Great Getaway: Ausable Chasm

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New York State boasts some of the most scenic and thrilling natural landscapes in the country. One such example is Ausable Chasm, located about 270 miles north of central Westchester County. As an attraction, Ausable Chasm has been in continuous operation since 1873, making it one of the oldest nature parks in the U.S. It’s sometimes called the Grand Canyon of the East, so you know it’s worth the four-hour car drive and a great choice for a summer trip.

The Chasm is a 2-mile long sandstone gorge on the Ausable River that plunges as much as 110 feet below the primeval Adirondack forest floor. This attraction is a self-guided site with several trails that increase in difficulty. My family easily navigated the Inner Sanctum, Rim Walk and Dry Chasm Trails. The Cave and Fall trail is a bit more ambitious, definitely not for inexperienced hikers. We hopped back and forth between the moderate to easy trails and we were treated to spectacular views at nearly every turn.

The Secret is Sandstone
While the Potsdam sandstone that makes up the chasm dates back to the Paleozoic epoch (roughly 500 million years ago), the chasm itself is actually a product of more recent glacial activity. Of course, the last glacier in these parts was around 22,000 years ago, but to a geologist, that was practically yesterday. Sandstone is a sedimentary rock, and is relatively soft. As the last glaciers melted, the rushing waters eroded fissures in the sandstone created by moving glaciers. Over millennia, the river cut the chasm into the native rock.

The fine sediments that make up sandstone can preserve details left on the ancient landscape. As we approached the entrance to the park we were greeted with several displays of some of the fossilized treasures that the local sandstone can contain. My kids marveled at trails left by ancient arthropods as they went about their business 500 million years before we arrived. We also saw sandstone fragments that held the imprint of waves left in the sandy bottom of a shallow sea that trilobites swam through. We’re all familiar with ancient shellfish and even dinosaurs preserved in sedimentary rock.

We began our adventure at the visitors’ center where we purchased our tickets. This also houses the well-stocked gift shop where souvenirs and refreshments can be purchased. Although my wife and kids were ready to start shopping, I reminded them that we still had a bit of trekking to do, so it would probably be wiser to shop after we saw the chasm.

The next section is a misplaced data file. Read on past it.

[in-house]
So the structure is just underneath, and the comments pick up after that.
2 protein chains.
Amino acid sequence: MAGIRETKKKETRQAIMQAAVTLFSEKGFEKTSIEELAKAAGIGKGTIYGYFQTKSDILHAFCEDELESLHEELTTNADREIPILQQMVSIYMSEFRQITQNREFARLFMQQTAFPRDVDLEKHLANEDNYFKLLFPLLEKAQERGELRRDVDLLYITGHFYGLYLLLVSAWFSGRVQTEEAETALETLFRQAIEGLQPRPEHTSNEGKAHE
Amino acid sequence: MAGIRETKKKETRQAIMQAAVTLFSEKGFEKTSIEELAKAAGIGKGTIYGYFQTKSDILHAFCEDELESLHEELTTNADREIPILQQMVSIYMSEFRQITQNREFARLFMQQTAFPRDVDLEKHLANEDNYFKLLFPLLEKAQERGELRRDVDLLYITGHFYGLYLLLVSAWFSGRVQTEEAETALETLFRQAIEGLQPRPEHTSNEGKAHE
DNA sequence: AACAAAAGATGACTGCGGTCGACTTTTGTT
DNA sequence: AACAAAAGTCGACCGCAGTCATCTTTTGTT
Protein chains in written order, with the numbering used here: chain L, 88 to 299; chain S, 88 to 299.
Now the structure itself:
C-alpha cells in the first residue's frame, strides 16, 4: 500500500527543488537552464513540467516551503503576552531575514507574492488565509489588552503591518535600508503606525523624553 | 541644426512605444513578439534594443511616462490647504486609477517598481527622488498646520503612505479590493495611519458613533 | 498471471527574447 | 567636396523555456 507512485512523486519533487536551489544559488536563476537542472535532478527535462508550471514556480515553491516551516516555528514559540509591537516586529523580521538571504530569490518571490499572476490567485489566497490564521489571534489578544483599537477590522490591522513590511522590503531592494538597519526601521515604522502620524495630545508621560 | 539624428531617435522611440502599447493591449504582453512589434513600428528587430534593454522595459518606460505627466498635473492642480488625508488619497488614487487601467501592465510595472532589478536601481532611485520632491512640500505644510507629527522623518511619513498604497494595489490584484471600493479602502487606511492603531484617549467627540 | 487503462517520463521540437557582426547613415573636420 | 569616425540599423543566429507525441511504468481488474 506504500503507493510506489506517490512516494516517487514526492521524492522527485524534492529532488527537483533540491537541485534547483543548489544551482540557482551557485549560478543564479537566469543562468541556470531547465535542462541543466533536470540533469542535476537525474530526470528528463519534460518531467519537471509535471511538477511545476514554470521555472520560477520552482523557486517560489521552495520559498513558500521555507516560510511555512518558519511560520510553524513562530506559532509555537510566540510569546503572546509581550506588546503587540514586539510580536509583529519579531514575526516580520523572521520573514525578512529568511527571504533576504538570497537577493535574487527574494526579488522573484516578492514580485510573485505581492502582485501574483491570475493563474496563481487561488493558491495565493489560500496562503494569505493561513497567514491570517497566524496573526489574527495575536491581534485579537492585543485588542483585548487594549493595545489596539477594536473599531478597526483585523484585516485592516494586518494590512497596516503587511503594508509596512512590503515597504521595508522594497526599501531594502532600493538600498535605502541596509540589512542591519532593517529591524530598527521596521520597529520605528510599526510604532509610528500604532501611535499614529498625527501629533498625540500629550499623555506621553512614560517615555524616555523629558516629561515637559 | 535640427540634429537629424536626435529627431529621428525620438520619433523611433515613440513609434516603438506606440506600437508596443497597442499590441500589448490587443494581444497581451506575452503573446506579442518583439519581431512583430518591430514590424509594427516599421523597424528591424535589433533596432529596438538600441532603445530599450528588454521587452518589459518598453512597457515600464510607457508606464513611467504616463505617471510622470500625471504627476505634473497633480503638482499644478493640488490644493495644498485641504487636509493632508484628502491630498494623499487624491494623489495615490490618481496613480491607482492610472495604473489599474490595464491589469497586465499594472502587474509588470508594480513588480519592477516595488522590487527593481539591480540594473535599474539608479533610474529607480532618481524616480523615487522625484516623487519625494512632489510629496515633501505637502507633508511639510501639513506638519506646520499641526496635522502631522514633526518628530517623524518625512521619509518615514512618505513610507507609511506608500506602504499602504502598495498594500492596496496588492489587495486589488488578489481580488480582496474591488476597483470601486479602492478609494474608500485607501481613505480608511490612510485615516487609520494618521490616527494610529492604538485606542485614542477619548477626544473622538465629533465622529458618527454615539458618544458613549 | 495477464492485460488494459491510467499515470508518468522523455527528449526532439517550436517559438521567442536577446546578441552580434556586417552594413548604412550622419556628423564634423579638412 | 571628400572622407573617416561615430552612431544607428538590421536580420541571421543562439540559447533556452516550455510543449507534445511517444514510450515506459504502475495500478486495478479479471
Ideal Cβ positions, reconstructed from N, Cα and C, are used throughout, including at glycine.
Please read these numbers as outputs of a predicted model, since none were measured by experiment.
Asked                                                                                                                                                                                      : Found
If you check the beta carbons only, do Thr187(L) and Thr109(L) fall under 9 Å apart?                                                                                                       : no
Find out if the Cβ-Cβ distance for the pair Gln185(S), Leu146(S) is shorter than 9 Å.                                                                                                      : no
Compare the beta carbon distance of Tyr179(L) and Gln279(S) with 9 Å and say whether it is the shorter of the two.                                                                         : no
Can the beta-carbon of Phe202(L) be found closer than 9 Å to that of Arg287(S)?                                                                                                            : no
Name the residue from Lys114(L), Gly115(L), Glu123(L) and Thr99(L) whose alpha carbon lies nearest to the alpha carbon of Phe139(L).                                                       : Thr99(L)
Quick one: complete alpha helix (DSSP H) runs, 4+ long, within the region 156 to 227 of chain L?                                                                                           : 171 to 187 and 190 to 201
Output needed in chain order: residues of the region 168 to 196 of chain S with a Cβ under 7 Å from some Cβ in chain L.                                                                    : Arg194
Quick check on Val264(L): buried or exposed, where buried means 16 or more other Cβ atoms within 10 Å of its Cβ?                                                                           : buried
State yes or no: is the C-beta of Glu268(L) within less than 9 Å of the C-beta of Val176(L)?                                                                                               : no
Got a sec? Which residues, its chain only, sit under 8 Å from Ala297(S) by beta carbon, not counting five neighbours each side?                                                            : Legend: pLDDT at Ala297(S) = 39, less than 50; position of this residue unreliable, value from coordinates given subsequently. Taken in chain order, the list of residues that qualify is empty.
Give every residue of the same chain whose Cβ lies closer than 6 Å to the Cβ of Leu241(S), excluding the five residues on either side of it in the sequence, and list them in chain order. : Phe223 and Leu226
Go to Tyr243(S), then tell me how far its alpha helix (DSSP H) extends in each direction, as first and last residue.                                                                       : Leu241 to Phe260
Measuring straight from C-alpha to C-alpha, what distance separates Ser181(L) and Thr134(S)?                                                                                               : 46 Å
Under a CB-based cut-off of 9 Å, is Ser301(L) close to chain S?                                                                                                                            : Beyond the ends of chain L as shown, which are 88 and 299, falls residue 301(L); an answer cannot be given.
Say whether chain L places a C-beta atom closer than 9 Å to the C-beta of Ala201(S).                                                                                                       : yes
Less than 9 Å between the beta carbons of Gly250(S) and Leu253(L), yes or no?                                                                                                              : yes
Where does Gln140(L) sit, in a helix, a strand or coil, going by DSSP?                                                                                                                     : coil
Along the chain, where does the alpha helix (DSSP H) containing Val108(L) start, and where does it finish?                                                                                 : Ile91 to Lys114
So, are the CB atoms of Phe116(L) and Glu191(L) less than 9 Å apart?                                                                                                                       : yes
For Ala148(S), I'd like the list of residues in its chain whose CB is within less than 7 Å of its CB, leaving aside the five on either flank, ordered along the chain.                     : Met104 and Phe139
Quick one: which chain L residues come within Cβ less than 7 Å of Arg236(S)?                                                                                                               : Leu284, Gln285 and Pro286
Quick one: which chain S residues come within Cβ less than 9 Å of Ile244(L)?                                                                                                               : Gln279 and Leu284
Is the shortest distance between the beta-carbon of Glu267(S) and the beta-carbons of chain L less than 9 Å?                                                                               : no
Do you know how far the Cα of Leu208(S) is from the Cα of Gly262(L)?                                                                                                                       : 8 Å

We started by touring both sides of the chasm rim. The tours are self-guided so we roamed at will, basically following whatever path looked interesting. There are many wonderful sites that are best seen from the higher vantage point of the chasm rim. One such site was the fabulous Elephant’s Head, which is a huge fracture in the canyon wall that faintly resembles a pachyderm’s face seen head on. While we really loved the fantasy feel of the forest portion of the tour, the spectacle of the chasm kept calling us as we glimpsed views of it through the trees.

Down into History
The descent into the chasm can be made at various stairs throughout its 2-mile course. We descended at about the 1-mile mark and were treated with incredible views all around. High above us were gravity-defying rock formations that hung over our heads. Pine trees spouted out of the rock at unexpected places. The chasm walls sometimes have a regularity that almost looks intentional, like some kind of prehistoric LEGO® blocks were used in its construction. An observation not lost on my LEGO® fanatic 12-year-old.

All This and Rafting Too
Below us the churning river rushed past, beckoning us to our ultimate goal … a raft ride! Ausable Chasm offers a guided raft ride or tubing for those who like getting wet. At the end of our journey, a trolley was waiting to return us to the visitor’s center. If you are looking for a dose of nature’s beauty, this site delivers.

Bob Berry is a freelance writer and illustrator.

When You Go…

Ausable Chasm
2144 Rte. 9, Ausable Chasm, N.Y.

9 a.m. to 4 p.m. April 1 - June 26th;
9 a.m to 5 p.m. June 27th - Sept. 1.

Trails only: $16.95 adults, $9.95 ages 5-12, under 5 free. Add raft or tube tour $12 adults, $10 ages 5-12, $5 under 5. Other packages available online. Camping and lodging is available nearby.

Updated 4:26 pm, July 9, 2018
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